As an organised practice, fundraising started in the decade or so leading up to the First World War…maybe. But some suggest it can be traced back to middle of the 18th century. And of course, people have practised philanthropy and been asked to give to charity for a lot longer than people have called themselves ‘fundraisers’.
Yet the history of fundraising is missing.
Yes, there are many histories of philanthropy – of giving to charity; but there are far, far fewer of fundraising – of asking people to give. There are just a handful of book chapters, some blogs and one or two (often out of print) books. And what there is mainly focuses of fundraising in Britain and America. And it adopts the ‘Great Man’ approach to history, chronicling the ideas and initiatives put in place at various times by a handful of influential men (they are all men).
What we are missing are historical analyses that try to put fundraising in its social and cultural contexts, and answer (or at least try to answer) questions such as the societal conditions that enabled organsied fundraising to emerge and take off, or the reasons some people have seen it as a career and some have not.
The purpose of this project is therefore as much to consider the historiography – how history is studied and written – of fundraising, and the questions it throws up, and how different ways to think about the actual history of fundraising can give us different insights, as it is to fill in the factual gaps in the historical record of fundraising.
The project will be run as a study or discussion group. Some possible outputs from this project are:
A statement or manifesto about the study of history of fundraising
A series of research questions that establish the research agenda for the study of fundraising history
Researching and producing an ongoing timeline/chronology of fundraising’s history by filling in more historical facts
Widening the net of fundraising’s great/remarkable people
Start a resource/library of articles and books that cover fundraising’s history and signpost people to them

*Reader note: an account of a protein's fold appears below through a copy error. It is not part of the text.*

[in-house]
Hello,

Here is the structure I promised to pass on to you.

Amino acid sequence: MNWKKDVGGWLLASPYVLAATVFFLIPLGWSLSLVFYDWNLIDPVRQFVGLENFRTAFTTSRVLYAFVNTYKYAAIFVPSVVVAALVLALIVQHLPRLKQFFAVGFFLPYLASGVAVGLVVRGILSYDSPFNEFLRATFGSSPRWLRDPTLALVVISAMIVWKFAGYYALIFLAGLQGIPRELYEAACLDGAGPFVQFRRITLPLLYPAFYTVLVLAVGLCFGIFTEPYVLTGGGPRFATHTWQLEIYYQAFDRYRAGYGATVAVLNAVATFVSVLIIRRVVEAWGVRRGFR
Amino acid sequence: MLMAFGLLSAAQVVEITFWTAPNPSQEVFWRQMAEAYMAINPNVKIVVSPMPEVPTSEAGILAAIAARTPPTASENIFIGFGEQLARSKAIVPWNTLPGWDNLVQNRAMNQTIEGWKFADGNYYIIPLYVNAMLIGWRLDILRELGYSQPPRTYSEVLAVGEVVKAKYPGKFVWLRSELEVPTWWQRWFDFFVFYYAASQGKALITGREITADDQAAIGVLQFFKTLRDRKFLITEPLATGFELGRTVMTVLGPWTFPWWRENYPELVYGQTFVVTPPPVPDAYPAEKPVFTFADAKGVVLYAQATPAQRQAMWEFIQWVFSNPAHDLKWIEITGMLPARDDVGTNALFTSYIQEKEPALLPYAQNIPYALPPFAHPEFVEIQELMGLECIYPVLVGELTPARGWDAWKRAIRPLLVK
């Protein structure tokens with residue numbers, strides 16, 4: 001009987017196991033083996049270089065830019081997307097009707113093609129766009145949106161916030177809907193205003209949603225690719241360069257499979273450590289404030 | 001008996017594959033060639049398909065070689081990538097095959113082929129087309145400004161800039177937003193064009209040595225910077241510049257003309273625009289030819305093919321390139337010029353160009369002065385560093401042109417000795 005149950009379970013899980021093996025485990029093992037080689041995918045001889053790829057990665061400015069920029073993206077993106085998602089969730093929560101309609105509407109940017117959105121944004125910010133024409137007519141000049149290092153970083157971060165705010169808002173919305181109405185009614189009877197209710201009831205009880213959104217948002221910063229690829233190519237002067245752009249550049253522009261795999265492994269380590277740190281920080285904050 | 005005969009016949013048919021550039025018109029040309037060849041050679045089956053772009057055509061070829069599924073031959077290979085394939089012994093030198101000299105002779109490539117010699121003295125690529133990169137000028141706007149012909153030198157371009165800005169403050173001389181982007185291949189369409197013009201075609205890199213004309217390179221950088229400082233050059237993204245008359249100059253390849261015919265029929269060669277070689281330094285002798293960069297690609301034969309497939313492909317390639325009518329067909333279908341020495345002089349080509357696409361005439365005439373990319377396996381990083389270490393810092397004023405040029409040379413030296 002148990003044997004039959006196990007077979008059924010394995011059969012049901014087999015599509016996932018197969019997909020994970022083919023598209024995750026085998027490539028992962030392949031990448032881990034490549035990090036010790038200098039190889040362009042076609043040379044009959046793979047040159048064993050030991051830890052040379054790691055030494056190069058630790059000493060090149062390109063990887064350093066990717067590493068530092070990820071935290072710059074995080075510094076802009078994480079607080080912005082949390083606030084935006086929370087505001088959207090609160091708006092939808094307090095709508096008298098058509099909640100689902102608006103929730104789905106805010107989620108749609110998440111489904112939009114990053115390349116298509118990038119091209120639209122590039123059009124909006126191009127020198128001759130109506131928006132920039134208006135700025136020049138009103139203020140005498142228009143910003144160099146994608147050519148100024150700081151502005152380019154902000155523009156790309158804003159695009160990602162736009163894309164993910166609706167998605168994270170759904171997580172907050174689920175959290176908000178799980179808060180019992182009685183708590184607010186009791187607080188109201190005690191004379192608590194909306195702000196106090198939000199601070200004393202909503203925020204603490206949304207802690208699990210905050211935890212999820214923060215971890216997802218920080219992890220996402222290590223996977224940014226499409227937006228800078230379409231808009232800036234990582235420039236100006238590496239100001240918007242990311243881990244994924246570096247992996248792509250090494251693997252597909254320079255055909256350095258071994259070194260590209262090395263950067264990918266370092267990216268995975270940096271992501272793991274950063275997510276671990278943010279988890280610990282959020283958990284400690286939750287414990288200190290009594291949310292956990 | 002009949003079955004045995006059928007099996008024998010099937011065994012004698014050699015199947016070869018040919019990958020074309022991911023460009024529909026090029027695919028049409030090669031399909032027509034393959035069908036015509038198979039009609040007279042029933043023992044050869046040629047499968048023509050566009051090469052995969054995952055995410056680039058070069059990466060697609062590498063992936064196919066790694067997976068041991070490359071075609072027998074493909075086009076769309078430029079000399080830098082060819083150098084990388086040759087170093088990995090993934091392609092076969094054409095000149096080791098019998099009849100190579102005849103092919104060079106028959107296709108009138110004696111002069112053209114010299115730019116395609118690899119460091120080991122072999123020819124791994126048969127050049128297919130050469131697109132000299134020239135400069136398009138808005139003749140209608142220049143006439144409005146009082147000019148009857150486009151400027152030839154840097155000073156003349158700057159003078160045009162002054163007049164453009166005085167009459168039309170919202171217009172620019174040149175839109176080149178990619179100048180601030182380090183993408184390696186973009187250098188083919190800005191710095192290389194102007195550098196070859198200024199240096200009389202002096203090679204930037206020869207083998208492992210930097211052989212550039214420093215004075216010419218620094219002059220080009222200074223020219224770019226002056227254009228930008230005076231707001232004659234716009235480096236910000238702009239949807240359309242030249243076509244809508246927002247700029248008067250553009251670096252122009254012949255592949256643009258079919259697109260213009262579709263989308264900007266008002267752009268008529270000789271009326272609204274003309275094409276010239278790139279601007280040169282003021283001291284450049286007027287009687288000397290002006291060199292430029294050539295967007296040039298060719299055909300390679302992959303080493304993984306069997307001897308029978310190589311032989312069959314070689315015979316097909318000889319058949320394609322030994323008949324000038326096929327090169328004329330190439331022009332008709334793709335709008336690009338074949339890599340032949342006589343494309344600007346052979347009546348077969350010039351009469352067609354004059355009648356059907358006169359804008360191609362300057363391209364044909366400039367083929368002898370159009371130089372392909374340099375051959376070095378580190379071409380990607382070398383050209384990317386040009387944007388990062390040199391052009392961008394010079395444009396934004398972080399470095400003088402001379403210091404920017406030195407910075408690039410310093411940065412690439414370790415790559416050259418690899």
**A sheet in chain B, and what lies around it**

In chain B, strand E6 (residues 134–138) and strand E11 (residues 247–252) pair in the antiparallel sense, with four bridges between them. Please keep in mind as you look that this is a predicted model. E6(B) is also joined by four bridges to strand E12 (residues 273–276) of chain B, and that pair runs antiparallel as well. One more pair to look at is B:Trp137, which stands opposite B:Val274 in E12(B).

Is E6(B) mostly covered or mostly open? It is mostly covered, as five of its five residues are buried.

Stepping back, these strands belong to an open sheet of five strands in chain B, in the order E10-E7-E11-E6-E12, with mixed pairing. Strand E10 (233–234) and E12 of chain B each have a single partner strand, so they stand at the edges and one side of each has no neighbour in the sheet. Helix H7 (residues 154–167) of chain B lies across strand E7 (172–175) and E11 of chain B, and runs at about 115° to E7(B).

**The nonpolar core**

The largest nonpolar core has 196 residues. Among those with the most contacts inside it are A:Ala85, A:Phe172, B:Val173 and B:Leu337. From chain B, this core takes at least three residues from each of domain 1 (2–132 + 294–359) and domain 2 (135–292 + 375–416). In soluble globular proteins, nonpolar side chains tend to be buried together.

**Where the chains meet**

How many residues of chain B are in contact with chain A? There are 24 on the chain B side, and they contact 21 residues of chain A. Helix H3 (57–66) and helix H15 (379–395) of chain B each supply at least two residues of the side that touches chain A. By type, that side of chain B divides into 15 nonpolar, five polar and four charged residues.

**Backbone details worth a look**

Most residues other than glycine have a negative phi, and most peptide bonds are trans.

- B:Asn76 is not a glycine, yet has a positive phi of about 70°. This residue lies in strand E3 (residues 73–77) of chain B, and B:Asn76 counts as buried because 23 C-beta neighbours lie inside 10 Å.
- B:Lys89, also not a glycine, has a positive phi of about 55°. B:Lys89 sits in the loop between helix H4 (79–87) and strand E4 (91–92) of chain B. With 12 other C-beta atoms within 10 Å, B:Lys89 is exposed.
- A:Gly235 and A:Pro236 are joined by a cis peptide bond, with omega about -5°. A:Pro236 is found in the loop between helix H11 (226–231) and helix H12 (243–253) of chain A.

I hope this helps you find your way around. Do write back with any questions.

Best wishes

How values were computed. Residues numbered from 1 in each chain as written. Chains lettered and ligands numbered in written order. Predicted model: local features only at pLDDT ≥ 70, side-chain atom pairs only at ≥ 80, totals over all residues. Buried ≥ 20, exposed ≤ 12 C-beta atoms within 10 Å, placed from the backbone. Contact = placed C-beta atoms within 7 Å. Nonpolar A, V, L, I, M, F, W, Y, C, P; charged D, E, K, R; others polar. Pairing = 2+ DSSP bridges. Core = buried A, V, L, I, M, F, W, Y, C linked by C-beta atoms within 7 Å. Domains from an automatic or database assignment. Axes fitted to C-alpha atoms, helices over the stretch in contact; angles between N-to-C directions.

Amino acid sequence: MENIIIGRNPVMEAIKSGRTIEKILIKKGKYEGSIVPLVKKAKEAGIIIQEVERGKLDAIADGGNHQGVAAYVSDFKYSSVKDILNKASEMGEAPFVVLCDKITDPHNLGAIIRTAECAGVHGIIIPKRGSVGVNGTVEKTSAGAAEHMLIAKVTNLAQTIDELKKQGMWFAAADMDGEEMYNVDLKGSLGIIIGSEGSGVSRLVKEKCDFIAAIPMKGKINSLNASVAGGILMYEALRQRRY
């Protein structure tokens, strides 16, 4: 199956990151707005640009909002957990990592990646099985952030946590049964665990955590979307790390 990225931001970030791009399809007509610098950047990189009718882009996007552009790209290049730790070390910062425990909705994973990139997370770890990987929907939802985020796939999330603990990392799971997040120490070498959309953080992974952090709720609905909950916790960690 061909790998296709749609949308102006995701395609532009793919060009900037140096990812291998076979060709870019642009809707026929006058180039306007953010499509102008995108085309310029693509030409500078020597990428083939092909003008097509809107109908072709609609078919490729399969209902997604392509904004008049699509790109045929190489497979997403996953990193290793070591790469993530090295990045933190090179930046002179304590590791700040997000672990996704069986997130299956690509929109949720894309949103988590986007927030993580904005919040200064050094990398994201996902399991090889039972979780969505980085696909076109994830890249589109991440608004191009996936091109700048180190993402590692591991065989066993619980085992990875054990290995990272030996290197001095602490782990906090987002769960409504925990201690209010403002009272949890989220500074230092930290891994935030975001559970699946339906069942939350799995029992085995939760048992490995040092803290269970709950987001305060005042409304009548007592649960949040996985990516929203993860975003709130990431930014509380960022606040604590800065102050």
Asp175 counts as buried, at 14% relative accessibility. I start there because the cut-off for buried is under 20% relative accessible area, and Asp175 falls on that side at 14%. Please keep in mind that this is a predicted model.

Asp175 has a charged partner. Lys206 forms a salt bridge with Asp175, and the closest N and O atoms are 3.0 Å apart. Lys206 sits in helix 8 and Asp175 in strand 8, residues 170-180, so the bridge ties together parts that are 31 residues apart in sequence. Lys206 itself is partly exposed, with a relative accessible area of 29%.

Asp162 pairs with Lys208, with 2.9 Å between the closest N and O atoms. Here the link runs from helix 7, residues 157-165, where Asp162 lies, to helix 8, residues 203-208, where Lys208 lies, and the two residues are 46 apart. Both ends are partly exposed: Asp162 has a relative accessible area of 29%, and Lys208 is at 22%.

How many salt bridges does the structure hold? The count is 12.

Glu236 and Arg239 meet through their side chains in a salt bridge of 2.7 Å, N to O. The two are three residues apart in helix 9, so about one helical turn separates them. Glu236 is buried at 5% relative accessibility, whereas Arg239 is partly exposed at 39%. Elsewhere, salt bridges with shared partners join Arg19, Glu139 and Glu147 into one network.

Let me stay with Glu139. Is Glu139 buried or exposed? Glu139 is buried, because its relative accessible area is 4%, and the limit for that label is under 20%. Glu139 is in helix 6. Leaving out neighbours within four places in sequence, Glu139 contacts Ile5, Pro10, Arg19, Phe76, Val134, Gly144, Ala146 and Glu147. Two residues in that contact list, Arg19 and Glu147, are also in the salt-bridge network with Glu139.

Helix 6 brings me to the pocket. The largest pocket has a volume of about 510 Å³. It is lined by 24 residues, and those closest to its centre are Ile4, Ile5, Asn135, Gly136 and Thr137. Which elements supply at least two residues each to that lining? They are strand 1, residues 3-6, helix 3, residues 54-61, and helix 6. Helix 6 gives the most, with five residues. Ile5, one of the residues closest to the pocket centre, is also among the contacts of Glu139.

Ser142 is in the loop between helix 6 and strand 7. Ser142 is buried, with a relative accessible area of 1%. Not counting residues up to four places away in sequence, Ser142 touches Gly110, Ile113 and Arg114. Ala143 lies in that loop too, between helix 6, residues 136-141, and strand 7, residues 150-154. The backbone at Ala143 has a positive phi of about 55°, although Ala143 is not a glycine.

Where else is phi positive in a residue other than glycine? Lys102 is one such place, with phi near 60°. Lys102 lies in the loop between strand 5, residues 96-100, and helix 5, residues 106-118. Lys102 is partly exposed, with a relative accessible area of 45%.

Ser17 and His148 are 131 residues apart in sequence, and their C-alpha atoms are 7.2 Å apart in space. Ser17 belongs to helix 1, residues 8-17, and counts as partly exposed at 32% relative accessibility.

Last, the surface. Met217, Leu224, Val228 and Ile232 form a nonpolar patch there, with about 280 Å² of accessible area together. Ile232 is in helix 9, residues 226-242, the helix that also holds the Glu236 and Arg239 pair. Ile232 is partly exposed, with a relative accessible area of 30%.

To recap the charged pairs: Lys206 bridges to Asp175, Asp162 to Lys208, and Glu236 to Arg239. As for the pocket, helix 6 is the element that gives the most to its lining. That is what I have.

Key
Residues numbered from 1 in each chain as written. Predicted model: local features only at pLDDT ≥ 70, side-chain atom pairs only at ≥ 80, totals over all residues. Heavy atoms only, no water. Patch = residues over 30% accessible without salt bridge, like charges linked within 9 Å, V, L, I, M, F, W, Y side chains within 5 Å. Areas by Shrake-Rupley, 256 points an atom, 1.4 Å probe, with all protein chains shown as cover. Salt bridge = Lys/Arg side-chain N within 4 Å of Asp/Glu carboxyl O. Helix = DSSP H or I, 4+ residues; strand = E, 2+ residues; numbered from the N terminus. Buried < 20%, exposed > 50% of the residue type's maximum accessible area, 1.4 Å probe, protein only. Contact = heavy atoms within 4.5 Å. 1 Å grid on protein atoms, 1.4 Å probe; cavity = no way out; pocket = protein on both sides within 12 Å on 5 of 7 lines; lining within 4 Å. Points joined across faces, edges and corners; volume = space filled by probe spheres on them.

Start a regular discussion group
A series of blogs by group members on historical matters that interest them
More formal/in-depth papers on research questions
A more formal paper on historiography in fundraising
A webinar or symposium on fundraising history.
We have started to compile a list of resources that focus specifically on fundraising history or some historical aspect of fundraising. You can download this resource (Excel sheet) here.
Timelines of fundraising history
The first timeline covers the period 1900-present day. Click on the box to go to the timeline.
The first sub-project the history project team has set for itself is to compile a series of timelines of fundraising history.
The team has so far selected 282 entries for the timeline – ranging from 2021 to 1500BCE, in the following categories:
Fundraising first or early example
Notable historical example of fundraising
Notable fundraising failure
Emergence of a fundraising concept or idea
Societal/cultural ideas and shifts
Notable historical person or contribution.
Everything put forward for inclusion has to be suitable evidenced, and we’ve nothing in the timelines is there because something remembered it happening and is pretty sure their recollection of it is correct.
Now, 282 is way too many entries to include in a single timeline. So we are going to break up the main timeline into our: 20th and 21st centuries, early modern era (1500-1899), Middle Ages and antiquity, along with thematic timelines
The first timeline we have completed is from 1900 to the present day, containing 42 entries, which you can link to by clicking the link in the above tab, or here. This is just a representation of the full number of entries we have for this period.
Our rationale for building these timelines is not just so people can see the order in which things happened, and maybe be a bit surprised that some things happened earlier than they realised.
The timelines contain entries that we think will help us to better understand the factors that shaped our profession, which will, we hope, give us a better insight into how to make fundraising even better.
Two of our main areas of interest are the social and cultural histories of fundraising, topics that are vastly under-explored (as are many areas of fundraising history), and so the timelines are tilted more in that direction than simply providing a chronological list of when campaigns and appeals. When these are included in a timeline, it’s because they have real historical significance and enhance our understanding of how we use them today.
We might well be wrong what we've chosen to include in the timeline, particularly if we claim somethings as a ‘first’. We may have left out other things which are culturally/socially important. We don’t for a moment claim this timeline is definitive.
We’ll shortly be uploading a response form so people can suggest inclusions on the timeline. And we’ll also upload the ‘master’ timeline (it’s in Excel) so people can see the full list of 282 (and counting) entries.
Fundraising history project team
Ruby Beaumont, Fight for Sight (UK)
Giovanna Bonora, VIDAS (Italy)
Emma Doran, Ask Direct (Ireland)
Mike Johnston, HJC New Media (Canada)
Harpreet Kondel, Animals Asia (UK)
Jayne Lacny, Freelance fundraiser (UK)
Howard Lake, UK Fundraising (UK)
Sarah Lyon, Alzheimer Society of Nova Scotia (Canada)
Mark Phillips, Bluefrog/Rogare Council member (UK)
Ruth Smyth, Boldlight/Rogare Council member (UK)
Daryl Upsall, Daryl Upsall International (Spain)
Rogare's history/historiography of fundraising project is supported by Rogare Associate Member Bluefrog Fundraising.